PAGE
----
Linked by Thom Holwerda on Tue 23rd Jun 2009 21:40 UTC
Graphics, User Interfaces The Engineering 7 weblog has an item about the improvements made in the ClearType font rendering technology which has been included in Windows since Windows XP. While I won't go too deeply into that post, I did figure it was a good opportunity to talk about font antialiasing in general; which type do you prefer?
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RISC OS fonts
by torbenm on Wed 24th Jun 2009 07:40 UTC
torbenm
Member since:
2007-04-23

I have never seen a font rendering system that beats the one on RISC OS. It is not so much the anti-aliasing over texture, it is other features:

- The same rendering engine is used for both on-screen view and print, so the screen view is print accurate (up to your screen resolution).

- It has a hinting system that I find superior to that used in Windows or MacOS fonts. For example, a hint can say that two vertical bars (like in "H") should appear identical, so you avoid one appearing thinner or more blurred than the other. I'm not that familiar with the hinting systems in ClearType or TrueType, but it doesn't look like they handle this very well.

- It works very well on low screen resolutions, partly because it had special handling of very thin lines (like the upper and lower parts of an "O" in Times Roman) that prevented gaps. My first RISC OS computer had a screen resolution of 640x256 pixels, and anti-aliasing really helped readability quite a lot, even with small fonts.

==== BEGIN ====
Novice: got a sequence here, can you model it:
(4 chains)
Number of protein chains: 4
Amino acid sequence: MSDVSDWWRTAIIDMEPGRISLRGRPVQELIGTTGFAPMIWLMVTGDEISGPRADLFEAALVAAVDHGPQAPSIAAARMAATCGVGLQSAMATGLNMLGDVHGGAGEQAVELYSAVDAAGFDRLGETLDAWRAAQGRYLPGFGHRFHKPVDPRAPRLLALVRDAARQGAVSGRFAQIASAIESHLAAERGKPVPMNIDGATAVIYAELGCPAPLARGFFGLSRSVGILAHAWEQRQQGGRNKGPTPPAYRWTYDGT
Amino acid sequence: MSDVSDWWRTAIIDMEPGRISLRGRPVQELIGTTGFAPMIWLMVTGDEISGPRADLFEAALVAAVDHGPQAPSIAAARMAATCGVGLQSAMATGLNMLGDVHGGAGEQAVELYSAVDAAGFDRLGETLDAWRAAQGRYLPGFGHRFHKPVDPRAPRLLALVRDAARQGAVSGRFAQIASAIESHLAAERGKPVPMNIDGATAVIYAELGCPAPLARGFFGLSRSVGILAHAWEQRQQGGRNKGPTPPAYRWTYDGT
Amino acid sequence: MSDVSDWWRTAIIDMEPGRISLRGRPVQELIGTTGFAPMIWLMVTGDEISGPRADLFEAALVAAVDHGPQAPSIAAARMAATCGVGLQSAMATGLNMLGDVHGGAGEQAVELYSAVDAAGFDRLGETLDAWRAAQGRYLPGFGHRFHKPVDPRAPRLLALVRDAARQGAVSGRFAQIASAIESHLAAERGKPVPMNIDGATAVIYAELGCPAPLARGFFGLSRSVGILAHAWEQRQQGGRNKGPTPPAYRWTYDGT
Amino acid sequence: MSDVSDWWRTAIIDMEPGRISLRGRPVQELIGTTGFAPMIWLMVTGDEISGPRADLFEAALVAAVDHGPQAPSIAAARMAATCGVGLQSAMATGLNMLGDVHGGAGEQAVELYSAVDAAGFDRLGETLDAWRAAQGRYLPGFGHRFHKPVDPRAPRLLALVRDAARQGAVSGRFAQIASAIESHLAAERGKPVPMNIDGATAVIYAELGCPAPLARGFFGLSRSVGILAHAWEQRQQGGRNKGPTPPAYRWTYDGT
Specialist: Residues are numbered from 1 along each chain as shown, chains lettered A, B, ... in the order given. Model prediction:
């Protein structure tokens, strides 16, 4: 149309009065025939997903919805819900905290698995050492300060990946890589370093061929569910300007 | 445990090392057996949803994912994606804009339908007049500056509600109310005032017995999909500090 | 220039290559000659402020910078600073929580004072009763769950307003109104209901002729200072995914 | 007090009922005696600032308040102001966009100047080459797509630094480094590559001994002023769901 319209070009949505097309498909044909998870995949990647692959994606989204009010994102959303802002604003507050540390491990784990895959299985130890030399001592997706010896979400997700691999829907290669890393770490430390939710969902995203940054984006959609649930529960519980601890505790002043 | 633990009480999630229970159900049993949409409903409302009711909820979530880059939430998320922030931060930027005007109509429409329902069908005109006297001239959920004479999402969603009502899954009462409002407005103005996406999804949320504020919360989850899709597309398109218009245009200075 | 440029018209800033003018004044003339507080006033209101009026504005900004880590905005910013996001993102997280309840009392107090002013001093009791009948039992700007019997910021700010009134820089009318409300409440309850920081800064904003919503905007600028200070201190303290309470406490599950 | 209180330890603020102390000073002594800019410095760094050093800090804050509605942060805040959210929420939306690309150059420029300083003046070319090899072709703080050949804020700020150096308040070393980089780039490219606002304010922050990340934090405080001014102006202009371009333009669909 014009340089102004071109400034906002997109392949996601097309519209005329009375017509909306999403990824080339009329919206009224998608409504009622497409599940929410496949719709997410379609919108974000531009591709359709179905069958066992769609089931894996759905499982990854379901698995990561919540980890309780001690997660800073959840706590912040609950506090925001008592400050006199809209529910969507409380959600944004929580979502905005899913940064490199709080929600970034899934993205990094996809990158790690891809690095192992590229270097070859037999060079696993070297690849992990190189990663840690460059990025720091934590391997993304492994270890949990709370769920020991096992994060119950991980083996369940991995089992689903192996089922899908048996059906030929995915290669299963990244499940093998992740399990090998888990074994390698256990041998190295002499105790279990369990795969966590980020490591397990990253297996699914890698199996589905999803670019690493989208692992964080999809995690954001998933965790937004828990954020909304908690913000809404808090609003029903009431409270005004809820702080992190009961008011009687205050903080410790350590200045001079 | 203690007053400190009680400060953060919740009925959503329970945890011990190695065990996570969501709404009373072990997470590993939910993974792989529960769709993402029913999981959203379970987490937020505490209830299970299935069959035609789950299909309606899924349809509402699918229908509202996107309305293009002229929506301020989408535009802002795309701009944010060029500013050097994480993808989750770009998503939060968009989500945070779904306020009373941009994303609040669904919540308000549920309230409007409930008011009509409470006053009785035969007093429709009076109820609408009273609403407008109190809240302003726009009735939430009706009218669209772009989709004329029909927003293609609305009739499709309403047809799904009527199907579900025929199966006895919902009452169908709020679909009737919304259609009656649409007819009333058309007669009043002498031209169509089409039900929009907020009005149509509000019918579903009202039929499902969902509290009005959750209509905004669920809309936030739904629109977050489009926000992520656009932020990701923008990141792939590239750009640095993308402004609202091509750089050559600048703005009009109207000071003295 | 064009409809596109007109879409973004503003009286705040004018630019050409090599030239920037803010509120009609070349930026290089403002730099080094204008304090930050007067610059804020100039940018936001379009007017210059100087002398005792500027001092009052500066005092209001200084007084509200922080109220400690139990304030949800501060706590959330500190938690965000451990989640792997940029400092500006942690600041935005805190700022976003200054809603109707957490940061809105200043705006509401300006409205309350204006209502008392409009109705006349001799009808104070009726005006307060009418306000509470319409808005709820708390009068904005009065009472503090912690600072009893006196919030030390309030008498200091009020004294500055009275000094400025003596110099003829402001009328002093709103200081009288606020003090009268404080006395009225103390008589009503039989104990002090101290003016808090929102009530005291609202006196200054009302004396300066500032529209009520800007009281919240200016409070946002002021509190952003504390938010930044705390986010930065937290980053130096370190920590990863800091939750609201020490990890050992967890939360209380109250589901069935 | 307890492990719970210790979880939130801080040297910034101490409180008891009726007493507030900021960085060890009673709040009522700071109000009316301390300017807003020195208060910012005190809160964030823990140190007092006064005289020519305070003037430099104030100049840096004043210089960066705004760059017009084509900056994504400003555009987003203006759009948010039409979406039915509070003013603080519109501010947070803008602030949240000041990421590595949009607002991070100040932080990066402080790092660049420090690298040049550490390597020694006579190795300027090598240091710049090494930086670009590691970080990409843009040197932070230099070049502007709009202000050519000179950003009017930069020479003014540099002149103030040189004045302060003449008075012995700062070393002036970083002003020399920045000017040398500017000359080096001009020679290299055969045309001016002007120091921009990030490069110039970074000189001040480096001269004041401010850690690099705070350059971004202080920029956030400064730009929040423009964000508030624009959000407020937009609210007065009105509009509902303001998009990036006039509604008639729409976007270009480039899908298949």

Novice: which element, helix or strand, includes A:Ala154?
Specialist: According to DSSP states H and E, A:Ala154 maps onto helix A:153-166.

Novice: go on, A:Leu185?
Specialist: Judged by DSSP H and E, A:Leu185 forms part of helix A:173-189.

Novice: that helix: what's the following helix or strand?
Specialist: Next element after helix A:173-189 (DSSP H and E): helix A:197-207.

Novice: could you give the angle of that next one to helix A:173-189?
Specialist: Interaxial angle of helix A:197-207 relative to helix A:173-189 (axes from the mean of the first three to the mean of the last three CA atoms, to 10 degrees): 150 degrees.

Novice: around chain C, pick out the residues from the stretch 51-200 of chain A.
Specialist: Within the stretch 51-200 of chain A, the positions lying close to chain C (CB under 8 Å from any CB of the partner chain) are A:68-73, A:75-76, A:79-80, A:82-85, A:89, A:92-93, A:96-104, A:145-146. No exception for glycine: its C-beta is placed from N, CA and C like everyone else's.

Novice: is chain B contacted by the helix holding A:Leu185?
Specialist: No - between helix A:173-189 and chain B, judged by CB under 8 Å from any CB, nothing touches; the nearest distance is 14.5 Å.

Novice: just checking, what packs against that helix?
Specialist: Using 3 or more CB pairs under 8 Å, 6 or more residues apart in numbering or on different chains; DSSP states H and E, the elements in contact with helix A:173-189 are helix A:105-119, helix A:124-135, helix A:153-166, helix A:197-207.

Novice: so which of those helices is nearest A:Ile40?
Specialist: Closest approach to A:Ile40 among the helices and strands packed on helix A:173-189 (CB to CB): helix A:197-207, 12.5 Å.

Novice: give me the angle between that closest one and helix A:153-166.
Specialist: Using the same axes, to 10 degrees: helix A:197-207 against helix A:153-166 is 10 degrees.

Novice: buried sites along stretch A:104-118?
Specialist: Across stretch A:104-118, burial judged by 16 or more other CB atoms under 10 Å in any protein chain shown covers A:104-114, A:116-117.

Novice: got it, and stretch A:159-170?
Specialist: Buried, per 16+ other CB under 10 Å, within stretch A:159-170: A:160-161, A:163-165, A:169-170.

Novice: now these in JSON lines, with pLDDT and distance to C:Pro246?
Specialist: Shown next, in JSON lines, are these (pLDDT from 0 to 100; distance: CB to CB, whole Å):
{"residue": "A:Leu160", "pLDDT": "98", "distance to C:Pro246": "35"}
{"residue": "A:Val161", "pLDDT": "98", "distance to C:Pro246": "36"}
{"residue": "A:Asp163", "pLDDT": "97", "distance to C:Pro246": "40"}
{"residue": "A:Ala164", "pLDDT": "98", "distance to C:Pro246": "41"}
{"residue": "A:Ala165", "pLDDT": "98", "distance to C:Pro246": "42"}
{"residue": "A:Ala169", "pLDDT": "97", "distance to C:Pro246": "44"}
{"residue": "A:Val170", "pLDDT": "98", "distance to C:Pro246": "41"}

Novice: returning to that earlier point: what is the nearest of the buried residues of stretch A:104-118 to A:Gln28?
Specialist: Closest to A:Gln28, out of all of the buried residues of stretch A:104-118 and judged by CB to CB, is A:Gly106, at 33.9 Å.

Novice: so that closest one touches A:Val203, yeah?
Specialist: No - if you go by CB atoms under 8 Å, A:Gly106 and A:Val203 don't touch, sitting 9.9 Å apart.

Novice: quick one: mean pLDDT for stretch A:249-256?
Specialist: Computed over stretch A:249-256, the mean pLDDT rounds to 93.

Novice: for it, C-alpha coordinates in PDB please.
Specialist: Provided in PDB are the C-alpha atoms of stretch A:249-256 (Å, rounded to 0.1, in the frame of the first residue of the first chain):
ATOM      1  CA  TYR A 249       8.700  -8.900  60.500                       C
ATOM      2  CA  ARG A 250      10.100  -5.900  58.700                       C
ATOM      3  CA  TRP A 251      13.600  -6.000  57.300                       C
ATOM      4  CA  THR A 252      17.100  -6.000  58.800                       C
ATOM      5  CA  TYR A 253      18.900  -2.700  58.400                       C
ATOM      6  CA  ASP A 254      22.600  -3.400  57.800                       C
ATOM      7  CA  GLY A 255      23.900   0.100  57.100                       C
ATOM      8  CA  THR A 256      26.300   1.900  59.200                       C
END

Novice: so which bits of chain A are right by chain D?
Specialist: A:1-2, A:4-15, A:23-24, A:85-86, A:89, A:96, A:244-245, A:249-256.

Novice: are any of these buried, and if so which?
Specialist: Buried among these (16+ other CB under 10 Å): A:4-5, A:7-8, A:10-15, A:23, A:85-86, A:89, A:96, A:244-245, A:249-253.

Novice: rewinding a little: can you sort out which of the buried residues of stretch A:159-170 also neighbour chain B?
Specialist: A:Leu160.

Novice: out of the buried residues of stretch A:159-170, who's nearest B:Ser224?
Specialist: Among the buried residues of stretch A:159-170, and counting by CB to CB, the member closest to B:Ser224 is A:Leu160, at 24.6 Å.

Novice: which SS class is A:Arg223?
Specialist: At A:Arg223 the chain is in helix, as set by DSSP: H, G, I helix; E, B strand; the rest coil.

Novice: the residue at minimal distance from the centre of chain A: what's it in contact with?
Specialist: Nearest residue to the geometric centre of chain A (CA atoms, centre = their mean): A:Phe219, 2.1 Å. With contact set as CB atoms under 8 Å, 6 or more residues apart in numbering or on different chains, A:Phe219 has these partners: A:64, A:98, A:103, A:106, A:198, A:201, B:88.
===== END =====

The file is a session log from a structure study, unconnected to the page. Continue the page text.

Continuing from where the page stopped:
- It is fast. This might not matter much on today's computers, but when you had an 8MHz 1MB computer, it was essential.

- It is easily user-tunable. You can set the size where anti-aliasing kicks in, where sub-pixel character placement kicks in (both vertically and horisontally) and so on. This both allows quality vs. speed compromises and a degree of screen readabiliy vs. print accuracy compromise (i.e., in the sub-pixel choice).

- It uses cubic Bezier curves (like PostScript), where TrueType uses the less accurate quadratic Bezier curves.

As for print accuracy versus screen readbility in a font renderer, I favour print accuracy. I can always get better screen readbility by choosing fonts that are designed for this -- I don't edit programs or LaTeX source files in Times Roman font anyway, but if the screen renderer is not print accurate, I can't get an accurate preview no matter what I do.

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